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Are the producers of 'The Bachelor' racist? Former cast members reveal their experiences on the show and discuss whether it's changed.

Is ‘The Bachelor’ run by racist producers? Hear from cast members

In The Good Place, there’s a line about how everyone who has ever been involved in the show The Bachelor is going straight to the Bad Place. And while it’s later revealed on the show that everyone’s going to the Bad Place, ABC’s The Bachelor got a special shoutout, possibly for the shallow, catty reputation this longstanding dating show has. 

Now, racism allegations are cropping up against the dating show, as they have for a while. Now, in an exclusive interview with Buzzfeed, four black cast members recalled their time on the show and their run-ins with prejudice from fellow cast members – and distorted depictions from producers which they claimed made them look bad. 

So do the producers of The Bachelor deserve their “spot in the Bad Place” for unfair edits and unchecked remarks from other cast members? Let’s dive in. 

Marshana Ritchie

Marshana Ritchie was a member of The Bachelor season 12 cast, called “London Calling” in honor of its English bachelor Matt Grant. Ritchie made it to the episode before the last remaining contestants were going to introduce Grant to their families. In a roundtable discussion leading up to the event, Ritchie recalled a microaggression from a contestant: “And one girl, in all sincerity, was like, ‘So do you know your father?’” 

Ritchie’s parents had been married for thirty-five years, and the fellow Bachelor contestant’s insensitive remark stung. Ritchie also claimed that was neither the first nor the last experience with racism she had on the show. She told Buzzfeed “It kinda felt like a lot of the fellow contestants felt like I didn’t maybe deserve my place on the show or I didn’t deserve to be as successful.” 

After Marshana Ritchie was chosen over fellow Bachelor cast member Holly Durst, a Bachelor fan favorite, Ritchie told Buzzfeed she felt like her fellow contestants treated her like she’d stolen the rose from Durst. “I don’t even think they realize consciously . . . the perception that I was taking away something that belonged to them”, Ritchie said. Durst would later get her own spinoff called Bachelor Pad

Pitted against other women

Another cast member, Taylor Nolan, was twenty-two and just got a degree in mental health counseling when she appeared on The Bachelor season 17.  Although Nolan went into the show with “the most positive vibes ever”, those quickly faded when she was pitted against series antagonist and possibly the zaniest contestant in Bachelor history: Corinne Olympios.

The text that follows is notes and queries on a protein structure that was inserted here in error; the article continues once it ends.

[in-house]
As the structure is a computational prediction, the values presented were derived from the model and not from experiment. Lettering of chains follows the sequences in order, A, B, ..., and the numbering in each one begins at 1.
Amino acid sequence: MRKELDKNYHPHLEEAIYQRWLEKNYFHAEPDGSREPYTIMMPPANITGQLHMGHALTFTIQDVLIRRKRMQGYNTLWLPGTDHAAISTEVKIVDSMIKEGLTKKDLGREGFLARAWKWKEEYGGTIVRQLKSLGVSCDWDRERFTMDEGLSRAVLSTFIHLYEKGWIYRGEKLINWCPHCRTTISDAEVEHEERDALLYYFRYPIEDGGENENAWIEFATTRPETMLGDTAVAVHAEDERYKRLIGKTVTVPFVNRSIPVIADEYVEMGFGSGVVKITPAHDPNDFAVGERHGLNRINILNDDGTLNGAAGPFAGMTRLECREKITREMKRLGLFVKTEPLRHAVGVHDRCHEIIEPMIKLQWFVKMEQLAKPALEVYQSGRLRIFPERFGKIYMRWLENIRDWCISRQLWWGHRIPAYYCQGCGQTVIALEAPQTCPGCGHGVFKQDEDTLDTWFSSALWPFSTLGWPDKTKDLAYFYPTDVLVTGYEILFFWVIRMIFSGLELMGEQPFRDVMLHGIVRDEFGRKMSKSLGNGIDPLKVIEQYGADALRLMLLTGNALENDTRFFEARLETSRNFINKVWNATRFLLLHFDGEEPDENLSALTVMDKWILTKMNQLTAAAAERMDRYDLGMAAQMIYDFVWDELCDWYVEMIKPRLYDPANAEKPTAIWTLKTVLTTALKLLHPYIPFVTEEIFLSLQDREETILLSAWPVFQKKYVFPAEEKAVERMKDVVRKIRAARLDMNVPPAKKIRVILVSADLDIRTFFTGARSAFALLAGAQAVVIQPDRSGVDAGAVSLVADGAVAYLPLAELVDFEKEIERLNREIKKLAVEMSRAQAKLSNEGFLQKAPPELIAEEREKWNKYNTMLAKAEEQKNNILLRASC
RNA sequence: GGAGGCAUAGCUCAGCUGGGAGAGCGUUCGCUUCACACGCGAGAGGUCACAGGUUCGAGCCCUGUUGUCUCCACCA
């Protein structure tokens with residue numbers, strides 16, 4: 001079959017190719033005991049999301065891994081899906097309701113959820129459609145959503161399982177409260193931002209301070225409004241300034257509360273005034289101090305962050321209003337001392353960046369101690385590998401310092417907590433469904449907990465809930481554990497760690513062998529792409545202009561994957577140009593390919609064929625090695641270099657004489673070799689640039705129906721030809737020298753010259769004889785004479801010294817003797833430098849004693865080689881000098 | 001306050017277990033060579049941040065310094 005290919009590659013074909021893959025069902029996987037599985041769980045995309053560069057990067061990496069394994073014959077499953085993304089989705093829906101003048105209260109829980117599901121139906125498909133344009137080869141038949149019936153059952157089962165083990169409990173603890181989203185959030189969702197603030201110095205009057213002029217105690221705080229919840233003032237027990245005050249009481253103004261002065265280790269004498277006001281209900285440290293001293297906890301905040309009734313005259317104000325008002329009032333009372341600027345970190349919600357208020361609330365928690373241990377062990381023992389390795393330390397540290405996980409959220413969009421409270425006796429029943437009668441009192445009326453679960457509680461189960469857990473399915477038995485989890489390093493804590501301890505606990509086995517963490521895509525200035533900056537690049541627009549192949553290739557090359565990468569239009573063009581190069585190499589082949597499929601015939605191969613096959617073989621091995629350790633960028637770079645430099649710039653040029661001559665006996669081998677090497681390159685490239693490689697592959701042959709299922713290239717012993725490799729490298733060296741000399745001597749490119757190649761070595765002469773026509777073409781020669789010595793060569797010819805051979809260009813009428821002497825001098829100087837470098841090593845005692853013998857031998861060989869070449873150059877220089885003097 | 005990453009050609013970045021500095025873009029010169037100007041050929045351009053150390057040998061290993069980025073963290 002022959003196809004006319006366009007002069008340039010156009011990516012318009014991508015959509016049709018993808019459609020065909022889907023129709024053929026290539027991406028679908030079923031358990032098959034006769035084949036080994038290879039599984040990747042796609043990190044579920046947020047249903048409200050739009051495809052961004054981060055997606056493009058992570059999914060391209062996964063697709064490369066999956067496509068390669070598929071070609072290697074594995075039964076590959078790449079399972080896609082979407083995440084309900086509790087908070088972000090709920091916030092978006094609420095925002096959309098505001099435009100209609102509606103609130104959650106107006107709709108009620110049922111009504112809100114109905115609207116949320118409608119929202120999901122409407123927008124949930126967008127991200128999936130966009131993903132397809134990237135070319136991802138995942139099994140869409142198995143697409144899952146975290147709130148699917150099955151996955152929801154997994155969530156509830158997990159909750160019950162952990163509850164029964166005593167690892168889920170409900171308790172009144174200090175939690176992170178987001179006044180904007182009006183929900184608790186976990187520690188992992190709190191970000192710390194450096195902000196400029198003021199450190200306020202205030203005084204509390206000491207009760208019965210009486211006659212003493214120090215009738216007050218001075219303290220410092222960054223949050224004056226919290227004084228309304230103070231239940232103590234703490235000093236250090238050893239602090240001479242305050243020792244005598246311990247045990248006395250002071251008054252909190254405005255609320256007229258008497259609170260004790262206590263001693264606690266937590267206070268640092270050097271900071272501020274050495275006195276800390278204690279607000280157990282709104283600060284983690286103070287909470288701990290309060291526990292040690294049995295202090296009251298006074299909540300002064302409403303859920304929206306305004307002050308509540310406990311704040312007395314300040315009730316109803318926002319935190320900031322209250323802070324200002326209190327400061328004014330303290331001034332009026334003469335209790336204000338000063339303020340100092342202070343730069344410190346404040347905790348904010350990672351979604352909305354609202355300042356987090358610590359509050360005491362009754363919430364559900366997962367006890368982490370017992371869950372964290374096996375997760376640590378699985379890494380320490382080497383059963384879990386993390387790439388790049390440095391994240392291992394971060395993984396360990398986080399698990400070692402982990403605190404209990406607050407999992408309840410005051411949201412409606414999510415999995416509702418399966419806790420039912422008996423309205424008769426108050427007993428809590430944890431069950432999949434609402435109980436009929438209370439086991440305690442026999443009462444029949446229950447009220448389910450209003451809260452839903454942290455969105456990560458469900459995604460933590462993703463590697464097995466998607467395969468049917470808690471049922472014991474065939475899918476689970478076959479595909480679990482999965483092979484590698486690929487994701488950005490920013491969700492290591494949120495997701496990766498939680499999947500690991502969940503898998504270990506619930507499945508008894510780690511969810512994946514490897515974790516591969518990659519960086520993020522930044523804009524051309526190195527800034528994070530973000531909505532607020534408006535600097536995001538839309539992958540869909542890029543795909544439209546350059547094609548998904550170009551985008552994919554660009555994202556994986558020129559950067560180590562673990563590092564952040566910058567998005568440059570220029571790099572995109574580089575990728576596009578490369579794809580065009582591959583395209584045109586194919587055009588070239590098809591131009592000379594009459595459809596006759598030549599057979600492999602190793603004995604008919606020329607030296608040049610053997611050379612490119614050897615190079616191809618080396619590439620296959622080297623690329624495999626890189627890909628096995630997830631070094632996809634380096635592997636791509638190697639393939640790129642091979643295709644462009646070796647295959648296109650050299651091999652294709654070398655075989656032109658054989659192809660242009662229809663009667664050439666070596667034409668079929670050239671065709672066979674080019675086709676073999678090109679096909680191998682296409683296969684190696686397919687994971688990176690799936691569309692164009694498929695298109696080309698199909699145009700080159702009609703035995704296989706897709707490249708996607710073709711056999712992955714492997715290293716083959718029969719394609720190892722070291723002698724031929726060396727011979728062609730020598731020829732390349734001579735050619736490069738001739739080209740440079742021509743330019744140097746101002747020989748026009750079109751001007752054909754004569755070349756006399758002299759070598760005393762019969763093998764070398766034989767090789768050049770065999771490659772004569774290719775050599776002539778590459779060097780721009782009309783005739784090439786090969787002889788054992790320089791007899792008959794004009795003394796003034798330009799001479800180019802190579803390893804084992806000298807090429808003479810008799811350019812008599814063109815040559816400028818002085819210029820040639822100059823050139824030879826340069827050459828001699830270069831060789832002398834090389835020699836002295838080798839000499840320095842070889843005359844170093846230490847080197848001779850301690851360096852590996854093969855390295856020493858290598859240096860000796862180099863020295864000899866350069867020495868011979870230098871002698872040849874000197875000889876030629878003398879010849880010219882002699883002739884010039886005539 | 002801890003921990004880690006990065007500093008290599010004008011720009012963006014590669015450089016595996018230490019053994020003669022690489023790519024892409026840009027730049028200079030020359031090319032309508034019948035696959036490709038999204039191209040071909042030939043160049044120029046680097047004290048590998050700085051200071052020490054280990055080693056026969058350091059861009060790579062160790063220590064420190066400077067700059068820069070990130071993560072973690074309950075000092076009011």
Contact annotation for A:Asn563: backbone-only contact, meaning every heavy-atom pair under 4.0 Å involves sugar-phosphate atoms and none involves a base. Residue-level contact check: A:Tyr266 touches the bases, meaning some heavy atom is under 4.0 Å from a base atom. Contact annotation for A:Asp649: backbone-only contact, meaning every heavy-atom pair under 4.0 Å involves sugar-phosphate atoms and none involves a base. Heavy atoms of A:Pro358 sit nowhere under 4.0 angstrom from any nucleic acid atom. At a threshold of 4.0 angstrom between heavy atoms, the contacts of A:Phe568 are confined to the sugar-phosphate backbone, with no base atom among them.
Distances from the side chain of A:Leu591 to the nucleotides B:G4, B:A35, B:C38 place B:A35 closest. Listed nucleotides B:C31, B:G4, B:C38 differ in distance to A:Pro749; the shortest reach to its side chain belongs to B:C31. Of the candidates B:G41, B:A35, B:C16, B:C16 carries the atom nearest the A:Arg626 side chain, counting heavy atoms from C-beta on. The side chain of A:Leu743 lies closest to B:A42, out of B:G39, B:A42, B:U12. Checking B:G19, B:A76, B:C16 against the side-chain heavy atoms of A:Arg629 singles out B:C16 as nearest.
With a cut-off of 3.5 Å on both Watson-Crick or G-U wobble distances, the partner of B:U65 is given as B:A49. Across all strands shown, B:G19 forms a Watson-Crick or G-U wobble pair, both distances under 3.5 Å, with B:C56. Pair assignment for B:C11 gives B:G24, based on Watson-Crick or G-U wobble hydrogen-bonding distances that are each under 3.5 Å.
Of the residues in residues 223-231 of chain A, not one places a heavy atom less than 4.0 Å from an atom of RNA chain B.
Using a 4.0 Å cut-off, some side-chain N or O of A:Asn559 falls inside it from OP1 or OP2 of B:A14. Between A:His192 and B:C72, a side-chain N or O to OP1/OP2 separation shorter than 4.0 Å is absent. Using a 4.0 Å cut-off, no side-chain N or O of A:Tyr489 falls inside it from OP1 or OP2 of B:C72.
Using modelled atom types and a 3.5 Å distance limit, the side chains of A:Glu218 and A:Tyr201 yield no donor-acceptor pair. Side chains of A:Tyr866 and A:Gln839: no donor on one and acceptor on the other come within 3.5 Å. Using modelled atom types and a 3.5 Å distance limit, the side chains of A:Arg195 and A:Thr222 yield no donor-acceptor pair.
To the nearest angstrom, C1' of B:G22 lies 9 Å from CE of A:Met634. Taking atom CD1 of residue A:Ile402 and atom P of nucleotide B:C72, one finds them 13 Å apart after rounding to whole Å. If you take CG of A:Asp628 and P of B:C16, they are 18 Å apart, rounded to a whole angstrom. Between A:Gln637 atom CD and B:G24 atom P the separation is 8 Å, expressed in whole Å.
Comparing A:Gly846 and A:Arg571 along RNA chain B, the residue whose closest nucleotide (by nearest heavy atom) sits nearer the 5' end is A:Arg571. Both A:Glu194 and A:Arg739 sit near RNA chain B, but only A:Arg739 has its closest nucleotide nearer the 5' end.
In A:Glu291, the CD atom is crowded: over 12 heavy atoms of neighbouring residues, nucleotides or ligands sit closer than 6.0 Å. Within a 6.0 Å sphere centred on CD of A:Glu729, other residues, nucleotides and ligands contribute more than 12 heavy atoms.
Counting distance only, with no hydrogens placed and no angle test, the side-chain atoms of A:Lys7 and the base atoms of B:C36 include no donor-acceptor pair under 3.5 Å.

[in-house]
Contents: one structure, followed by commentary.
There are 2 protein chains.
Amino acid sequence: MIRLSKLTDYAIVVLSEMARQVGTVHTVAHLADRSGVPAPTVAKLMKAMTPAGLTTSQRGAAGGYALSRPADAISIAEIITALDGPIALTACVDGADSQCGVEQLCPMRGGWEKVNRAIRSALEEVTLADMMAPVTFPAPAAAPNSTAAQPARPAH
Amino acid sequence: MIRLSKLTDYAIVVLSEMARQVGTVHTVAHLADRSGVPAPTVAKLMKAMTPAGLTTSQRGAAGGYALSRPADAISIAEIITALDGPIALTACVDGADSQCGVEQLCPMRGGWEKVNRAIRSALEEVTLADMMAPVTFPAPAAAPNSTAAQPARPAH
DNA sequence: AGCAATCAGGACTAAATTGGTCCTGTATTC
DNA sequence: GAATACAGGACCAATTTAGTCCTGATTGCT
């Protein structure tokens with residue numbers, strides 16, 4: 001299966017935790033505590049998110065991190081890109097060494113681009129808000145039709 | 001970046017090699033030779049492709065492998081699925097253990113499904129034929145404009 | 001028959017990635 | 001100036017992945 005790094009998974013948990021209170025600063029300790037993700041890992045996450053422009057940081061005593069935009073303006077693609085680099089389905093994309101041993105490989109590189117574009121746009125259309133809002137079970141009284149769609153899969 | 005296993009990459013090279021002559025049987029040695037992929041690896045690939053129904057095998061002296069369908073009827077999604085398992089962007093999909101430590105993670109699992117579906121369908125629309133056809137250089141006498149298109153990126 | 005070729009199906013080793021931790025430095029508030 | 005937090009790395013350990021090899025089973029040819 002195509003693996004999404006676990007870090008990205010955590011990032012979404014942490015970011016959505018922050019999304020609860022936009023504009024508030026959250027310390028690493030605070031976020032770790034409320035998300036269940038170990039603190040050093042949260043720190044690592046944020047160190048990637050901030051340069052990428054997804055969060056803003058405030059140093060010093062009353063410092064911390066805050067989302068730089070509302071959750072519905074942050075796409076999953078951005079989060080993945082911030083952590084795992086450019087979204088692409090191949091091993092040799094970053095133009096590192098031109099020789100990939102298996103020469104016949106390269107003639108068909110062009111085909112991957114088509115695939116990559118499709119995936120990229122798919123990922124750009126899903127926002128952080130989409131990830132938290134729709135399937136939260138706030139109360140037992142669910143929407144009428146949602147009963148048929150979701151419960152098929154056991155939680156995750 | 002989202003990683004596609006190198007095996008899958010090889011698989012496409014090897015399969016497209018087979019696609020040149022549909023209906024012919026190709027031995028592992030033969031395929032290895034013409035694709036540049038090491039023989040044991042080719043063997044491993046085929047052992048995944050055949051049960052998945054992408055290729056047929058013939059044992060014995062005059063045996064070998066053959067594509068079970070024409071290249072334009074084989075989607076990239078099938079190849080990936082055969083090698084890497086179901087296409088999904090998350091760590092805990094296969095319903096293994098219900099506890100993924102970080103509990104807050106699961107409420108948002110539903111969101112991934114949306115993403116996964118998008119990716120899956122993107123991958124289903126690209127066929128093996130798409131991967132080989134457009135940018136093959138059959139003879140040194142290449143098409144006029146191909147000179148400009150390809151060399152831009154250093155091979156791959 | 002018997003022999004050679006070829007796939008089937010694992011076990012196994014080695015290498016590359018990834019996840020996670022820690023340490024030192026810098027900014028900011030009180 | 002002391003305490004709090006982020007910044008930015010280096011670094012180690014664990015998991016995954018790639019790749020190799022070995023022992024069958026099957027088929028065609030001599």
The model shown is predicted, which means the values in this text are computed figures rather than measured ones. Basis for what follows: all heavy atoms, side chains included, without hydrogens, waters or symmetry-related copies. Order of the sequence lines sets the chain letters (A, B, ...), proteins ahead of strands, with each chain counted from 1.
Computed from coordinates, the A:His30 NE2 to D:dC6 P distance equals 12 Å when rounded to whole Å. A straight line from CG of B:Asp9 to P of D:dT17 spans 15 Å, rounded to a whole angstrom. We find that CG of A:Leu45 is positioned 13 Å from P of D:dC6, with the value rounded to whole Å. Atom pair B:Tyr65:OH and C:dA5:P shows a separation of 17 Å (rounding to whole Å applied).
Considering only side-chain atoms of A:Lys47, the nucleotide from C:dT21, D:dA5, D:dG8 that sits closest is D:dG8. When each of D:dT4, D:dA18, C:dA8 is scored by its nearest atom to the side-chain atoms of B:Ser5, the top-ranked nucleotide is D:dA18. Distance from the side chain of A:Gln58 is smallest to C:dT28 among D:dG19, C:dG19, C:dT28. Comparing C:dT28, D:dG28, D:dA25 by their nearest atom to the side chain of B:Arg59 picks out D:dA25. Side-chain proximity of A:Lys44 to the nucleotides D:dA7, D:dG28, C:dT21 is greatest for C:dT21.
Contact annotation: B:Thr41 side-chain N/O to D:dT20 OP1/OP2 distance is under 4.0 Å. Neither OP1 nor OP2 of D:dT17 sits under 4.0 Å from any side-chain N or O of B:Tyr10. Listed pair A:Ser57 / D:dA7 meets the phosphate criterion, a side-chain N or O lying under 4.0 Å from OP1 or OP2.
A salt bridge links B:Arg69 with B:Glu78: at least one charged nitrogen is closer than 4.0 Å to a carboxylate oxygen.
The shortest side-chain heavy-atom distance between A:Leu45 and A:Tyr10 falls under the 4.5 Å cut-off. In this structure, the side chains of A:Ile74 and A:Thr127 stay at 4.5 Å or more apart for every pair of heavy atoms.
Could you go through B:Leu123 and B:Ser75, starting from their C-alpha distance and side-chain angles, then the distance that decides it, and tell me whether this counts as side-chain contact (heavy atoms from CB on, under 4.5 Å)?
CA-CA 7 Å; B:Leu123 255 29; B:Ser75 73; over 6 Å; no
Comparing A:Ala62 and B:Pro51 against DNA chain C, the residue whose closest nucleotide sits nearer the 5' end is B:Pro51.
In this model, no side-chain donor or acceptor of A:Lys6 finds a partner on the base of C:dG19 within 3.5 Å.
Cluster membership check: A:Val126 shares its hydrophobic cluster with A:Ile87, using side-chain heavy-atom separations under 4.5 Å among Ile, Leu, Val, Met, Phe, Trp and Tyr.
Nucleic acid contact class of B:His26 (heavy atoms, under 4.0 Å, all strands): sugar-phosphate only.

Olympios was famous for saying lines like “I don’t do chores” and “my vagine is platinum” along with bragging about having a nanny as an adult. Nolan told Buzzfeed she wanted to reach out and help Olympios after the rest of The Bachelor cast had enough, but she got pigeonholed into being her nemesis. “I think in part it was production. I think in part I really got to her”, Nolan explained. 

Soon though, all Nolan’s Bachelor, Nick Viall, wanted to talk about on their dates was her “feud” with Olympios. Nolan was sent home after a two-for-one date where her produced fight with Olympios came to a head. 

When Nolan watched the final cut of her season on The Bachelor, she told Buzzfeed she felt like the producers spun it to make her look bad. “I was essentially given this storyline and this perception from fans and from Corrine who narrated all of it, that I thought I was so much better than everybody else. I was condescending, that I was mean, that I was a bully, that I was . . . a version of an angry-Black-girl edit basically.” 

In the aftermath, Olympios raked in 800,000 Instagram followers and Nolan received hate online. Nolan told Buzzfeed she was called a “swamp monster” and the n-word online. She also stated someone called the Dept. of Health to revoke her mental health license. However, old tweets of hers were dug up where she made disparaging remarks against Asians, LGBTQ+ people, and other marginalized groups. She has apologized. 

Finding love

The stated purpose of The Bachelor is “finding love”, which producers have leaned into when addressing accusations of racism on the show. In response to the Black Lives Matter protests, The Bachelor announced its next Bachelor would be an African-American, Matt James. 

However, James’s series was botched after it was revealed a cast member attended an antebellum party. After host Chris Harrison refused to acknowledge or call out Rachael Kirkonnel, Bachelor Nation was fuming, and Harrison stepped down to reflect: “I will always own a mistake when I make one, so I am here to extend a sincere apology.”

After Harrison’s departure, The Bachelor released the following statement: “As we continue the dialogue around achieving greater equity and inclusion within The Bachelor franchise, we are dedicated to improving the BIPOC representation of our crew, including among the executive producer ranks.” However, Bachelor contestant Jubilee Sharpe doesn’t think it’s enough

“They make these statements every year . . . ‘we do not believe in bullying.’ And then they highlight bullying on the show. Or ‘we do not believe in racist behavior.’ Then you have a frontrunner, who is racist, on the show. So everything about what The Bachelor says that it stands for, it contradicts every season. At some point they need to be held accountable.” 

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